• Yeah The ashes stuff is tricky…Once by mistake, I got a package delivered here from the funeral home down the street. I took it down to them IMMEDIATELY in case it was a bad omen. And I didn’t go in. I just left it on their step.


  2. Ahem, ladies, last month at 10:30 at night we heard a knock on the door. 2 men in suits were picking up the deceased…their truck had backed up to our front door…it was the cremation society…at the wrong house! Only 4 houses on our dirt road, and they missed the farmhouse.
    On a brighter note, your essay reminds me of an Ann Tyler novel 🙂


  3. Yes! And although travelling with people you know can be fun, I think I prefer travelling alone. I meet so many people and learn so many awesome stories when I do. People are facinating and inspiring!


  4. gabi138 says:

    I don’t often initiate conversations with people on trains etc, because listening to other people’s loud voices drives me nuts, and I don’t want to be one of those annoying people. And on planes, the thought of having to keep up a conversation for several hours, especially if the person isn’t interesting, makes me feel exhausted. I treasure the solitude of a long trip. That said, if someone talks to me, I will respond. And if she is called Lisa and has red hair, definitely!


  5. OH puleeez. I am a natural born Yenta. I will talk to darn near anyone about absolutely everything. I’ll never forget when I was pregnant – in a public bathroom (which is where I often find my latest ‘new best friend;’ everyone there ad to way in on what I was having based on how I was carrying. One woman even asked me to let her know once the baby arrived because she was trying to start a psychic reading gig. We exchanged snail mail addresses (17 years ago..) and I did send her a note when Ruby was born. the woman, Estella, was wrong. I believe she sells realestate in LA – we sent xmas cards for a few years. Once Ruby and I were stuck forever and a day in the Atlanta airport and we struck up a conversation with a young man – U.S. Marine who was snoozing next to us. We took turns watching each other’s bags; shared snacks and magazines AND he even lent ruby a sweater as we were woefully unprepared for the arctic air conditioning situation. His palne boarded a lifetime before ours – he told us to keep it and mail it when we had the chance. I mailed it along with homemade cookies and a set of UNO which we thought he would enjoy wherever he was stationed. My favorite story was when a woman from Uganda asked me how to get to downtown – we were out of Metro access, it was Sunday and the suberban busses were far and few between AND it was about to pour – I drove her and her 3 cohorts to downtown. We had the most wonderful chat in during the short 6+ mile drive and not once exchanged names or contacts. My one regret – they were so lovely….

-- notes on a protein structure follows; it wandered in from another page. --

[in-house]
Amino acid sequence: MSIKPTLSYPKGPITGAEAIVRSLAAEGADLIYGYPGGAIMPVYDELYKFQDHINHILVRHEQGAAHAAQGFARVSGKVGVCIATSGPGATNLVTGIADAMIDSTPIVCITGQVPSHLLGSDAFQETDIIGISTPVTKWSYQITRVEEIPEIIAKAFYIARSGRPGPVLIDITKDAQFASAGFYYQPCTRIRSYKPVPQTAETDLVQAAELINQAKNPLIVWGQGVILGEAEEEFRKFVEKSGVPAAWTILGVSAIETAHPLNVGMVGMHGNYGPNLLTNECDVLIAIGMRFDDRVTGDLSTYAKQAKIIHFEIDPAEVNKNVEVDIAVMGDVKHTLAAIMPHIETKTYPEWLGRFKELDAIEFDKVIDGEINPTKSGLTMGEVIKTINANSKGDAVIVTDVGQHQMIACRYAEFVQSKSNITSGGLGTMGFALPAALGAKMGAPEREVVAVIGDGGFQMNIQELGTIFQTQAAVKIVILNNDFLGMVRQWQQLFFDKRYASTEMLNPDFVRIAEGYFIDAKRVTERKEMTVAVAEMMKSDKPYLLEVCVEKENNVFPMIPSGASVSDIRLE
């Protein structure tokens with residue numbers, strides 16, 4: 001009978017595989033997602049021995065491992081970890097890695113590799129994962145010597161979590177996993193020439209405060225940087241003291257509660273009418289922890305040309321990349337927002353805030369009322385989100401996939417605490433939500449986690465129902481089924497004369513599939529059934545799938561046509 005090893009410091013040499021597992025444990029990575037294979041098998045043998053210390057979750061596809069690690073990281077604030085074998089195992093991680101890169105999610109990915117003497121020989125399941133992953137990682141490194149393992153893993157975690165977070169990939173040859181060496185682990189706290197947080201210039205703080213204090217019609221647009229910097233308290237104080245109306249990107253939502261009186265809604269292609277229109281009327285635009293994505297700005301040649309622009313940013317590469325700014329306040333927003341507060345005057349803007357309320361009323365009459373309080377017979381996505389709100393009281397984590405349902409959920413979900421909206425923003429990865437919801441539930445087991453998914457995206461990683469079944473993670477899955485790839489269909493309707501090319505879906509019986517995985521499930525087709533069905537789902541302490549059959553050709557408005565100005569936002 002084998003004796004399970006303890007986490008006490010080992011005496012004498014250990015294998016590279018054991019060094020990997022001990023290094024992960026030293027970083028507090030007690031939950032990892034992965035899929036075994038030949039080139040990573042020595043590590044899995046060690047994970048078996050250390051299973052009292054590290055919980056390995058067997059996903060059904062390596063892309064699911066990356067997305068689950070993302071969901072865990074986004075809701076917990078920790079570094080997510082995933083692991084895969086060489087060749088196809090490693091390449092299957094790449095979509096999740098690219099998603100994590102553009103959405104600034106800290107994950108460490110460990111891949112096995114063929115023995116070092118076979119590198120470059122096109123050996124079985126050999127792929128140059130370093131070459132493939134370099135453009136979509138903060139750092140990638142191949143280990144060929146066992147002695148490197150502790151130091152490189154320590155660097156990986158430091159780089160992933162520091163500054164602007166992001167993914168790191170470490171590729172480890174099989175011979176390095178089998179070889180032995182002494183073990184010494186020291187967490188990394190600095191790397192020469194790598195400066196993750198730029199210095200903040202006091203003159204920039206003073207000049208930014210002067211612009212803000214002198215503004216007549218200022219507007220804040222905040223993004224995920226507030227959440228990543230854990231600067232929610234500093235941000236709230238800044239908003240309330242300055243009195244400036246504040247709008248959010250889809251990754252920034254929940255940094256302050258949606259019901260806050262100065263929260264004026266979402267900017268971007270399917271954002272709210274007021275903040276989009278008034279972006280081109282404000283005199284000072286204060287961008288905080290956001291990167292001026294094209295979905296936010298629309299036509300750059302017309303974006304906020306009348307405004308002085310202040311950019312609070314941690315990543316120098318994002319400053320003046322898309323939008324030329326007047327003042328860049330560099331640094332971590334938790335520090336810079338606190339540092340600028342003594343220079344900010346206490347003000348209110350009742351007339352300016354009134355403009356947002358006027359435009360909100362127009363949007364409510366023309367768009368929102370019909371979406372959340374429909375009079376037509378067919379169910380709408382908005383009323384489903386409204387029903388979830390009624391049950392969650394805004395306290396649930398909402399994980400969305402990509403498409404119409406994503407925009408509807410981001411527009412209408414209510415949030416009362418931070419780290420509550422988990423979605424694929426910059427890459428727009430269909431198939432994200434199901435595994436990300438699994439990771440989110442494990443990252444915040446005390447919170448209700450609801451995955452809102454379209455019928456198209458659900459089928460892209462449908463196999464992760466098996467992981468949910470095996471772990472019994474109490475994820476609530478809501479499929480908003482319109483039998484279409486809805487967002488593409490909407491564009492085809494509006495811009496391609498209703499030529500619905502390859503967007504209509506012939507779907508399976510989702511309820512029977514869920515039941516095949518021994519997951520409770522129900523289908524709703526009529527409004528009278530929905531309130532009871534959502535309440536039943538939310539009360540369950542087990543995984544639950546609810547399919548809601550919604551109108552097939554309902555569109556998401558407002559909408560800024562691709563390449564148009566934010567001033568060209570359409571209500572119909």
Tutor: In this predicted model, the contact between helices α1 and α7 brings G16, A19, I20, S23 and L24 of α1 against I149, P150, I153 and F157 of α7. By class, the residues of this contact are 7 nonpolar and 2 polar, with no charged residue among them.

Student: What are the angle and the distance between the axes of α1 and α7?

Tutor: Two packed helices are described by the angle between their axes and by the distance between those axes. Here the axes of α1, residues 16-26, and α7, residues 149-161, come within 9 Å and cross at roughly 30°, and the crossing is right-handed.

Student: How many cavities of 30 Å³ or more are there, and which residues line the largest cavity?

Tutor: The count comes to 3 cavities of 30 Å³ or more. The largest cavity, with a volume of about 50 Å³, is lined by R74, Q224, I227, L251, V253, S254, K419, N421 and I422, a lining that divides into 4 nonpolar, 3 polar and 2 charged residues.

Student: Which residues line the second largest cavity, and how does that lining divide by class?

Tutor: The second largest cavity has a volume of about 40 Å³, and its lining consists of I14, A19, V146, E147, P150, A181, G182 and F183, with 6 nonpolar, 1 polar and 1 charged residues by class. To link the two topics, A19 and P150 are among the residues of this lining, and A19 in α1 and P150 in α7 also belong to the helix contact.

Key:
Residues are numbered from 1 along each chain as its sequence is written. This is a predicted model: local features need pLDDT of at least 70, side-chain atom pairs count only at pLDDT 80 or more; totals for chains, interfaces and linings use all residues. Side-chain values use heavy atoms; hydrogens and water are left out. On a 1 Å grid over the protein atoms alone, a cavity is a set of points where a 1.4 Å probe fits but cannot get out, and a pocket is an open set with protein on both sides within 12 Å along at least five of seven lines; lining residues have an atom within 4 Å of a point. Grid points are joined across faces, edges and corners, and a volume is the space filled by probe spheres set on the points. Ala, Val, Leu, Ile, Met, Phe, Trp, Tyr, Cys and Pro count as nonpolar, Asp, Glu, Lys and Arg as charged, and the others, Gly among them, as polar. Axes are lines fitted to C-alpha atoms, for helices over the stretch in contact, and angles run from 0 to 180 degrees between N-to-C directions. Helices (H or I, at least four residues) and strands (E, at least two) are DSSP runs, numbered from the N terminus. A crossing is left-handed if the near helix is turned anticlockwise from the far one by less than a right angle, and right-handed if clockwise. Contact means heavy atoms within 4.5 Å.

6. I used to get talking to travel mates all the time, but have spent more and more time traveling quietly… my inner introvert rising to the surface. Some really interesting interactions! Strangely enough, my cousin has one of the largest kilns and pottery business in N. CA and they make a beautiful locket that contains cremation ashes… how strange would it be if your travel partner got it from my cousin? Such interesting nuggets from your trips!


  7. ShimonZ says:

    It’s wonderful to connect to new people that we haven’t met before. I like the way you travel…


  8. Huffygirl says:

    I’m glad your airline seatmates turned out to be positive experiences. Mine usually are not. My best airplane seatmates in my last trip were two thin gentlemen, one on each side of me. One slept and listened to an iPod the entire trip; the other pulled out a Disc Man (who knew these still worked?) and large headphones, and listened to CDs the whole trip. They didn’t eat anything, didn’t climb over me numerous times to go to the bathroom, and didn’t spill over into my space. Excellent.


  9. hugmamma says:

    Wonderful to think of all the new acquaintances you made. More folks need to engage in conversations with strangers. The world might not be such a scary place as might be perceived. hugs for sharing…